Sir Seewosagur Ramgoolam (1900-85) was Mauritius' prime minister
during the first fifteen years of independence. A Hindu from the
numerous Vaishya caste, he led the Mauritian delegation during independence
negotiations in London in the mid-1960's. During the election campaign
in 1967 he led the pro-independence parties to a narrow victory,
and he is popularly considered as the man to whom Mauritians owe
their political independence. Ramgoolam was a clever politician,
cunning in the art of compromise and surrounded by an aura of wisdom
and fairness. He earned the respect of many non-Hindus when persuading
the leader of the anti-independence bloc, the eloquent Creole Gaëtan
Duval, to join his first government (cf. e.g. Simmons 1982:191-2).
In 1982, his Labour Party lost the general election to the MMM-PSM
alliance, and Ramgoolam, disappointed, reluctantly accepted the
post of Governor General (an occupation independent Mauritius oddly
has retained). Now he, the political loser, received the pity of
his opponents and was simultaneously in a position to stay aloof
from petty quarrels. Although bitter with the electorate, Ramgoolam
thus spent his last years consolidating his reputation as the wise
man of the nation Mauritius.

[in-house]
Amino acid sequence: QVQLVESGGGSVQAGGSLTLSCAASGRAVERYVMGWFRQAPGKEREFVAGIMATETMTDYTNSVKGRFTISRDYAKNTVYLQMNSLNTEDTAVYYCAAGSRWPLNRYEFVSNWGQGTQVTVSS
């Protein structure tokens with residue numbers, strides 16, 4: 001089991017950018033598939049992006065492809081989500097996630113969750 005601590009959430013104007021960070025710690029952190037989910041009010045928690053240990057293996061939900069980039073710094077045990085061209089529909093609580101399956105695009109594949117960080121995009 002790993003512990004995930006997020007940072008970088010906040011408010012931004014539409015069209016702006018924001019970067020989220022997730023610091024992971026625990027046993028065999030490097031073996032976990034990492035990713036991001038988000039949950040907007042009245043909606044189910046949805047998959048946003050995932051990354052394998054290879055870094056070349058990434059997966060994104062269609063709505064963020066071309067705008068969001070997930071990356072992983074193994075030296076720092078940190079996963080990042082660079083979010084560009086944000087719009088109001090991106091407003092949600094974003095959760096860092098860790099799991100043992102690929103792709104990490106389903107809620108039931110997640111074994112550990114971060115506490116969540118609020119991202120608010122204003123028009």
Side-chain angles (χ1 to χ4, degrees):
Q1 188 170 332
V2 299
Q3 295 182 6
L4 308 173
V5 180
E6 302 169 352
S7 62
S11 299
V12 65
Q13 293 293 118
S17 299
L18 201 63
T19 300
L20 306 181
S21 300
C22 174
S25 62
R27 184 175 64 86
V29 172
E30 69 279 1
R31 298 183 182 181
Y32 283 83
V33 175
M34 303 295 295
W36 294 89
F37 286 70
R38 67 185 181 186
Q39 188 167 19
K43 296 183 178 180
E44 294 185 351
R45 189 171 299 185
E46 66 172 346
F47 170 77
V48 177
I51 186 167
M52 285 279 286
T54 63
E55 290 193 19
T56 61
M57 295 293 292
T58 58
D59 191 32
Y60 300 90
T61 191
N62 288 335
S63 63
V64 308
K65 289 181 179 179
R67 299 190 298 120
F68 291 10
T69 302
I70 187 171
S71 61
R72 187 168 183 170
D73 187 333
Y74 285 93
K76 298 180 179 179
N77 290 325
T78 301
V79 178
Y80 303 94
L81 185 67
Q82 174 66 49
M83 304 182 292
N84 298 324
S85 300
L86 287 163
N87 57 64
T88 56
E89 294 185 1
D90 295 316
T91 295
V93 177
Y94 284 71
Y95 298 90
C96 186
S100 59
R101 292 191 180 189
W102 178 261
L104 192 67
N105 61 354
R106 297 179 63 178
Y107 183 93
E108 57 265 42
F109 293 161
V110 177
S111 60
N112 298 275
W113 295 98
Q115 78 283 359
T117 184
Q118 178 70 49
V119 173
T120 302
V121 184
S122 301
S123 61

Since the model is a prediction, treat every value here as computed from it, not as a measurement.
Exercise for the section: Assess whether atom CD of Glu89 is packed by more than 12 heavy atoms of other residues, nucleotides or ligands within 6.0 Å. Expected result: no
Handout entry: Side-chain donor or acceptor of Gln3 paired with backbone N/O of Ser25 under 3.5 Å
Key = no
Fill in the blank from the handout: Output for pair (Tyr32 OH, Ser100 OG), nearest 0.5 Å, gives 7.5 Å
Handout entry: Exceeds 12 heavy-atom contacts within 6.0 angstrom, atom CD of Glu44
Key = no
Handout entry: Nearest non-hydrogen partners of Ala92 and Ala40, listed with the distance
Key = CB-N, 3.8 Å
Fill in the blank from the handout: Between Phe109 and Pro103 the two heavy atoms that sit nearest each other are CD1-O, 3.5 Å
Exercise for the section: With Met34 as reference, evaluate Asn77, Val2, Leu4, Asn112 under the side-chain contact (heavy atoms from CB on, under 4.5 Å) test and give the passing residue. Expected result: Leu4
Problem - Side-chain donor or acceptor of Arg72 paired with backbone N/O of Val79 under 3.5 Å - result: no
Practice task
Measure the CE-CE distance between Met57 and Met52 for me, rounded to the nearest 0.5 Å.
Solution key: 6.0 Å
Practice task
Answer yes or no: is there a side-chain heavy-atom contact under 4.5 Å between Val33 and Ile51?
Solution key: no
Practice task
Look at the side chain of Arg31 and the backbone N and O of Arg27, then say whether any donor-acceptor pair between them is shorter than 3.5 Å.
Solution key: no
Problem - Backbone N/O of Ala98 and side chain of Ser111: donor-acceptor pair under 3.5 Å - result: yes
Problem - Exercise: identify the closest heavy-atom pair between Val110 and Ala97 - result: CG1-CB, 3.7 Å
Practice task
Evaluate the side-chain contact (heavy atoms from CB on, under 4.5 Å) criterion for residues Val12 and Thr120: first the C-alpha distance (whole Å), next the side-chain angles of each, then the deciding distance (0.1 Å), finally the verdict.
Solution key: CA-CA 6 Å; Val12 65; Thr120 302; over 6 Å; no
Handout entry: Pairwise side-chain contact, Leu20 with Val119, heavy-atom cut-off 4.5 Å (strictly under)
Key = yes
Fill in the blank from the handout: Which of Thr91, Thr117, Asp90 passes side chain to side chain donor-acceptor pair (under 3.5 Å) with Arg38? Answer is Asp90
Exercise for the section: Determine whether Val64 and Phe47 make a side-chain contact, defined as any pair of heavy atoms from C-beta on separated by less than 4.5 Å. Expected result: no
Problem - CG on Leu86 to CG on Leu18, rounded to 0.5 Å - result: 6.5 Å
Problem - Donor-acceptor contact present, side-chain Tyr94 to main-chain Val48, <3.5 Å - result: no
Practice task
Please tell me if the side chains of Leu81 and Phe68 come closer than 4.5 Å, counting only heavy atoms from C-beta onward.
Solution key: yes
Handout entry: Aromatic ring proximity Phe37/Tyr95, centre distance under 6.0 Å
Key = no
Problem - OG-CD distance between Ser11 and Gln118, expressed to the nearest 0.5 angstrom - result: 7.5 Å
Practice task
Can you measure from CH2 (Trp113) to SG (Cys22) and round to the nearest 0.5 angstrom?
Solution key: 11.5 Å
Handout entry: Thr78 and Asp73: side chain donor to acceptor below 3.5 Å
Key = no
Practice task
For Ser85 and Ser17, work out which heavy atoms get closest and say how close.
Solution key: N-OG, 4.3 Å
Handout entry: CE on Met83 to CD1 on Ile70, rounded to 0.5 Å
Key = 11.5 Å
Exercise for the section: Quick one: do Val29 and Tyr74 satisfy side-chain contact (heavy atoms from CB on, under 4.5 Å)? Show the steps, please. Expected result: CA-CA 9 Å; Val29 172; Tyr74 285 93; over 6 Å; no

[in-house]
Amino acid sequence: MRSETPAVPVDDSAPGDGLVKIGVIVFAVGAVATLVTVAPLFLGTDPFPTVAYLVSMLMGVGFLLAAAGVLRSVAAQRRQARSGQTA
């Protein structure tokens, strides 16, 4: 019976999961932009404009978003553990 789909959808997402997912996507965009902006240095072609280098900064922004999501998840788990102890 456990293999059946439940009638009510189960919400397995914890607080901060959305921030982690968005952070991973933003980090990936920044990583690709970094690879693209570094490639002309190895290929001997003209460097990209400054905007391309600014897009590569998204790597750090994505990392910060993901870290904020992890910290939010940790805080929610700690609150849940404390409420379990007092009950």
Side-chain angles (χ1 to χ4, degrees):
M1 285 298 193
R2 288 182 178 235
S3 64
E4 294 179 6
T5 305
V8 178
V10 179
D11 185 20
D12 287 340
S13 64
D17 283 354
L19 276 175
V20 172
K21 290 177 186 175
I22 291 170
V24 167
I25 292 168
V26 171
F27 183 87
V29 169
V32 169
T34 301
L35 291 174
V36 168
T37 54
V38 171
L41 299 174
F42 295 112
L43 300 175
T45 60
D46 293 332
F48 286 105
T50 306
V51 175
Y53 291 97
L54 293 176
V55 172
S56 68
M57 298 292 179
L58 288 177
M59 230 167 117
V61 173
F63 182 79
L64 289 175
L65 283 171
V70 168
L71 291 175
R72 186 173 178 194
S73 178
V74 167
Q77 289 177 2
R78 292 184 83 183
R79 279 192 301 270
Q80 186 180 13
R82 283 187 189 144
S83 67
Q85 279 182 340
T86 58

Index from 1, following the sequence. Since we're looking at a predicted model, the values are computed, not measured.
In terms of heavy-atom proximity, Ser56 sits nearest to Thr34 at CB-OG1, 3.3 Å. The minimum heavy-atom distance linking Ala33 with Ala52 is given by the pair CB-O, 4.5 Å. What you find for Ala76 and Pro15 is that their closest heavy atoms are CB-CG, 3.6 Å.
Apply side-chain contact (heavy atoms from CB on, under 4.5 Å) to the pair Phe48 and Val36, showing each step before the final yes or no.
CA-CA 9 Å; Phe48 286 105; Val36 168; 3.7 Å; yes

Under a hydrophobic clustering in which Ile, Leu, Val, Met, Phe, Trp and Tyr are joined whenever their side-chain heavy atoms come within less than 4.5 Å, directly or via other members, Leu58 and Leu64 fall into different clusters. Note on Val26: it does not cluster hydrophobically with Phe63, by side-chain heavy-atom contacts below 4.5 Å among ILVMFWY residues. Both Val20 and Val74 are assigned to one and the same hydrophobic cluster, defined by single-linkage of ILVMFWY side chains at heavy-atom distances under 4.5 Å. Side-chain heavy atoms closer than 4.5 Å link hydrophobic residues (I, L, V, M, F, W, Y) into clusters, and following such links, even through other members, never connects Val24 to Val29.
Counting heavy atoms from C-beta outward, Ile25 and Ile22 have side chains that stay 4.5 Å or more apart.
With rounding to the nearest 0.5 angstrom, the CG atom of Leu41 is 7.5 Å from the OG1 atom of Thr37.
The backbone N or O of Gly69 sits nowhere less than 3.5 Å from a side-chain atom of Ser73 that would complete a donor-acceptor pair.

In December, 1985, Ramgoolam died. He was by then acknowledged by
virtually every Mauritian as the founding father of their nation
- indeed, he had become a "myth" in his own lifetime in
the sense that his unpopular or mistaken judgements were rarely
mentioned publicly; until Sydney Selvon's recent biography (1986),
even non-commissioned biographies of Ramgoolam were testimonies
to his never faltering glory. Not all of them were written by Hindus.
The ceremony accompanying the cremation of Ramgoolam's body, therefore,
had to be one relevant for every Mauritian. We shall go through
it in some detail.
The news of Ramgoolam's death was brought on radio and television
on December 15 and in the newspapers the following day. In advertisements,
citizens were encouraged to show their "Chacha" (Hindi
for teacher) a last honour in assisting at the procession leading
to the garden where the ceremonial cremation of the corpse was to
take place already the next day (December 17, 1985).
The procession started from Ramgoolam's home, a colonial mansion